Some sales trainers teach that persistence is a horrible idea. If you start to suspect that the buyer is just "kicking the tire" the salesperson is often instructed to cut the prospect loose. My experience finds that philosophy is not applicable in the B2B marketplace.
As a SVP of purchasing for a national company, it was the persistent salesperson that won my business. How did they do this? They developed top-of-mind awareness, so when I was ready to talk to them, I knew who they were, where they were from and what they were selling.
The American Marketing Association says 27 touches are required before people will buy anything new. It takes an average of 5 'touches' just to get an appointment, yet 50 per cent of salespeople give up after the first touch. Here are some actionable tactics that you can pursue that will help your message be relevant to a buyer without appearing like the proverbial "pain in the posterior."
You can't develop top-of-mind awareness with a buyer unless you provide frequent "reminders" that you exist. The very best salespeople have worked long and hard to establish a strong working relationship with their buyers. Make contact about once every two weeks in the earliest stages of prospecting. Keep in mind some of the other key communication behaviors in these early calls: be targeted, be relevant, and be purposeful.
After developing rapport with your buyer, reaching out to your buyer once every couple of months should be adequate to maintain top-of-mind awareness if the timing for a sale wasn't quite right when you initially were prospecting.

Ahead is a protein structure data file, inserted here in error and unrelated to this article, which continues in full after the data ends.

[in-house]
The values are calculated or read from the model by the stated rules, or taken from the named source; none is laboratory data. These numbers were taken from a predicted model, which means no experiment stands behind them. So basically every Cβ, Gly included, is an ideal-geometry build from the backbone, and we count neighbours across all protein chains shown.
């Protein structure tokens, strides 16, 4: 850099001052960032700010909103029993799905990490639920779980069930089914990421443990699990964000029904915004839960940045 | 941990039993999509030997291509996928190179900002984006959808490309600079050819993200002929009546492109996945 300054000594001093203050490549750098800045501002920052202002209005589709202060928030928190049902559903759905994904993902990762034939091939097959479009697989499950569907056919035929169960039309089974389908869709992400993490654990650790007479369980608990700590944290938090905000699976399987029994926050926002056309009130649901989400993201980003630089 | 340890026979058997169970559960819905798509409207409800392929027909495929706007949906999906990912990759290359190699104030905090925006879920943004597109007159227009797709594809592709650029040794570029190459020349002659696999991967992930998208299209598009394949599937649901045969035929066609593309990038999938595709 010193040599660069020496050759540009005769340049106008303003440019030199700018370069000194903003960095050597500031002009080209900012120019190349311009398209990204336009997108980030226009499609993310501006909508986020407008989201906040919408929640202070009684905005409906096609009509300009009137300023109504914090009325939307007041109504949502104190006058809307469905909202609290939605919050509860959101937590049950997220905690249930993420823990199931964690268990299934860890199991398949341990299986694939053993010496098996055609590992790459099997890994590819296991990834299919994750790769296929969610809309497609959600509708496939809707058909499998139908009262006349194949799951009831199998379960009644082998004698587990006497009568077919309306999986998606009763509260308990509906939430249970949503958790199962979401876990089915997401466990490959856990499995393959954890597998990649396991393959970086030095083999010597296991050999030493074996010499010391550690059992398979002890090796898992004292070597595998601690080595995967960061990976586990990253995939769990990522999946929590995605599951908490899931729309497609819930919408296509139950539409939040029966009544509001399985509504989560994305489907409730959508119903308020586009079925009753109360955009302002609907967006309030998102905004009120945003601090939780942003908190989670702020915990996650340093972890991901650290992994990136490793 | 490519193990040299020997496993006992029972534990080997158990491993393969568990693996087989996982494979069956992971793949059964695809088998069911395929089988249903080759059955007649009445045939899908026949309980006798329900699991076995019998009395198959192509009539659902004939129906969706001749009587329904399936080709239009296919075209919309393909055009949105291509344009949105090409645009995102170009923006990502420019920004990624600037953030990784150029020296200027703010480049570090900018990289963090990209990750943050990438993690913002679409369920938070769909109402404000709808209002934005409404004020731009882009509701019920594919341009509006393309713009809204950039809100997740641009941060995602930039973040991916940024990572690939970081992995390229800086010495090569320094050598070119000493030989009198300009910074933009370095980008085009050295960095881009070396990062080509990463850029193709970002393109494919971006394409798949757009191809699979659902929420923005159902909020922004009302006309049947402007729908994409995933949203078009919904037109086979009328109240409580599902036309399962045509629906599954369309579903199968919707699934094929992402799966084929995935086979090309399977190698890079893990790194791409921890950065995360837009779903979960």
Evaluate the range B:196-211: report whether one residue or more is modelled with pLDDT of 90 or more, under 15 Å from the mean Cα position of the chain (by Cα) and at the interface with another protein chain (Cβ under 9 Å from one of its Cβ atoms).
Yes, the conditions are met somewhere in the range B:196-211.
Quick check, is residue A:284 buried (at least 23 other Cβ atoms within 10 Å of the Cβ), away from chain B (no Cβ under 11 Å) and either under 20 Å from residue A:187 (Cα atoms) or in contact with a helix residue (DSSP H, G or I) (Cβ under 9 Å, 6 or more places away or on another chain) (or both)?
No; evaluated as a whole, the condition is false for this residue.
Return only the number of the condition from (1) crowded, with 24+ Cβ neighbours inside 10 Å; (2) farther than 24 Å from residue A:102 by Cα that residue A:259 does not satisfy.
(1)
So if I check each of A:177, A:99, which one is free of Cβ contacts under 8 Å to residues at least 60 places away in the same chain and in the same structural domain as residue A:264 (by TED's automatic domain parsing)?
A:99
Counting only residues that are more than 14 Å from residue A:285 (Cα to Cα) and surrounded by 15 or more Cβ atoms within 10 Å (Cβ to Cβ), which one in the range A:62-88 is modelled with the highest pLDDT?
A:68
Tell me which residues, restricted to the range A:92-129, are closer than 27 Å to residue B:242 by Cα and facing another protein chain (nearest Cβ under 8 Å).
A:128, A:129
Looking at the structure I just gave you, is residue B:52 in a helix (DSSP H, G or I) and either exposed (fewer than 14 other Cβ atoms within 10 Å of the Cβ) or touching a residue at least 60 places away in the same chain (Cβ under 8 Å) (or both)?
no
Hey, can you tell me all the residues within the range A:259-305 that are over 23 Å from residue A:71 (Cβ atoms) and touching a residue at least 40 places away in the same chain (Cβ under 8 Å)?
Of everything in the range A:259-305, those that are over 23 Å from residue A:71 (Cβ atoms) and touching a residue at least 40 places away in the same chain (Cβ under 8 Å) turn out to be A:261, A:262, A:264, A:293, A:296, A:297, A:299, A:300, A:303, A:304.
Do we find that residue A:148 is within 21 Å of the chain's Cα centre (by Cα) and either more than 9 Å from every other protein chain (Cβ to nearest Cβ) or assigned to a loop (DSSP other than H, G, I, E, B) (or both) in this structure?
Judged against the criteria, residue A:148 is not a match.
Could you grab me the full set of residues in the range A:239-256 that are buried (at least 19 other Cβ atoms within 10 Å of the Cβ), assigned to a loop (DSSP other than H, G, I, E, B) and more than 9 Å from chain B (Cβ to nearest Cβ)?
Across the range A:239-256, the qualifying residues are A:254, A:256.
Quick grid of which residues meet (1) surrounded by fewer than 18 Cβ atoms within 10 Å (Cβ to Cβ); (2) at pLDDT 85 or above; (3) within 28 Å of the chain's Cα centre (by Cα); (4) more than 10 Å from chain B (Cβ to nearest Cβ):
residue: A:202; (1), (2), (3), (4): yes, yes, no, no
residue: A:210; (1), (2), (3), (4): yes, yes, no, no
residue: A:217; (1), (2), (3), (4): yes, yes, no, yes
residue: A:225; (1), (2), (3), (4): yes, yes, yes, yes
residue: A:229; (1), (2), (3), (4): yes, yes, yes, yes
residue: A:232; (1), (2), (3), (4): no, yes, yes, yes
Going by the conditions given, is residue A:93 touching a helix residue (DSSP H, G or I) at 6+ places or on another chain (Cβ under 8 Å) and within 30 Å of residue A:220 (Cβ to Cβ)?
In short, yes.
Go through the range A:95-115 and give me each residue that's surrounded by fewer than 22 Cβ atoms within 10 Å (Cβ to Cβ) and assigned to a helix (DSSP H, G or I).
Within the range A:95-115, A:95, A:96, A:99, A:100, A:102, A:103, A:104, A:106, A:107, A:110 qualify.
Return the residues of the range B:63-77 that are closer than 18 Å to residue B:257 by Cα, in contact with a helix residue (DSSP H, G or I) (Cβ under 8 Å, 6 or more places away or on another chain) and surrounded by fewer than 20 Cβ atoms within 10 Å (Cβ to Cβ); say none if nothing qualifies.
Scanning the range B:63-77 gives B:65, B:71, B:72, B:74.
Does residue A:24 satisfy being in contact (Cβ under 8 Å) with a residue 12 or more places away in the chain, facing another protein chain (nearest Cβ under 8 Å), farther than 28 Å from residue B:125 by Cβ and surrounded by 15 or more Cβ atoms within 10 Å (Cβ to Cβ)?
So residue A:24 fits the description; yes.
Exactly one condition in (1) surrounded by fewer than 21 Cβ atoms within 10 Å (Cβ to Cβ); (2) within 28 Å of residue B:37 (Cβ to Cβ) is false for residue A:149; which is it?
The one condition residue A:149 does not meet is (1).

Whether it's due to caller ID or just a busy buyer, expect to reach your prospects voicemail an average of three times before getting through, so...be persistent! Since you should plan on being put through to voice mail, consider it a free advertisement. It's an ad that makes your buyer aware of who you are, what your company does and what you can do for them.
Finally, persistence does not mean you shouldn't vary your methods of contact. Until you know for certain how your prospect prefers to communicate with you, it's best to cover all your bases by changing your method of contact. Plus, by changing communication vehicles, it's a great way to demonstrate your persistence without crossing the line to irritant, or worse yet, a pest. Two voice messages, a follow-up email message, a customized letter or package sent via snail mail and another voice message "touches" the buyer differently than call after call with virtually identical voice messages.
What buyers want is a sales rep that is persistent in his communications, reflecting commitment to the buyer and his needs.
About the Author:
Mark Bishop is the President of What Buyers Want and author of The Trusted Seller. Mark Bishop has a training philosophy that teaches salespeople the behaviors buyers are looking for in salespeople; focusing on the relationship development strategies and on longer sales cycles involved when selling to business professionals. This philosophy was developed while serving as the SVP of Purchasing for a National Buying Cooperative.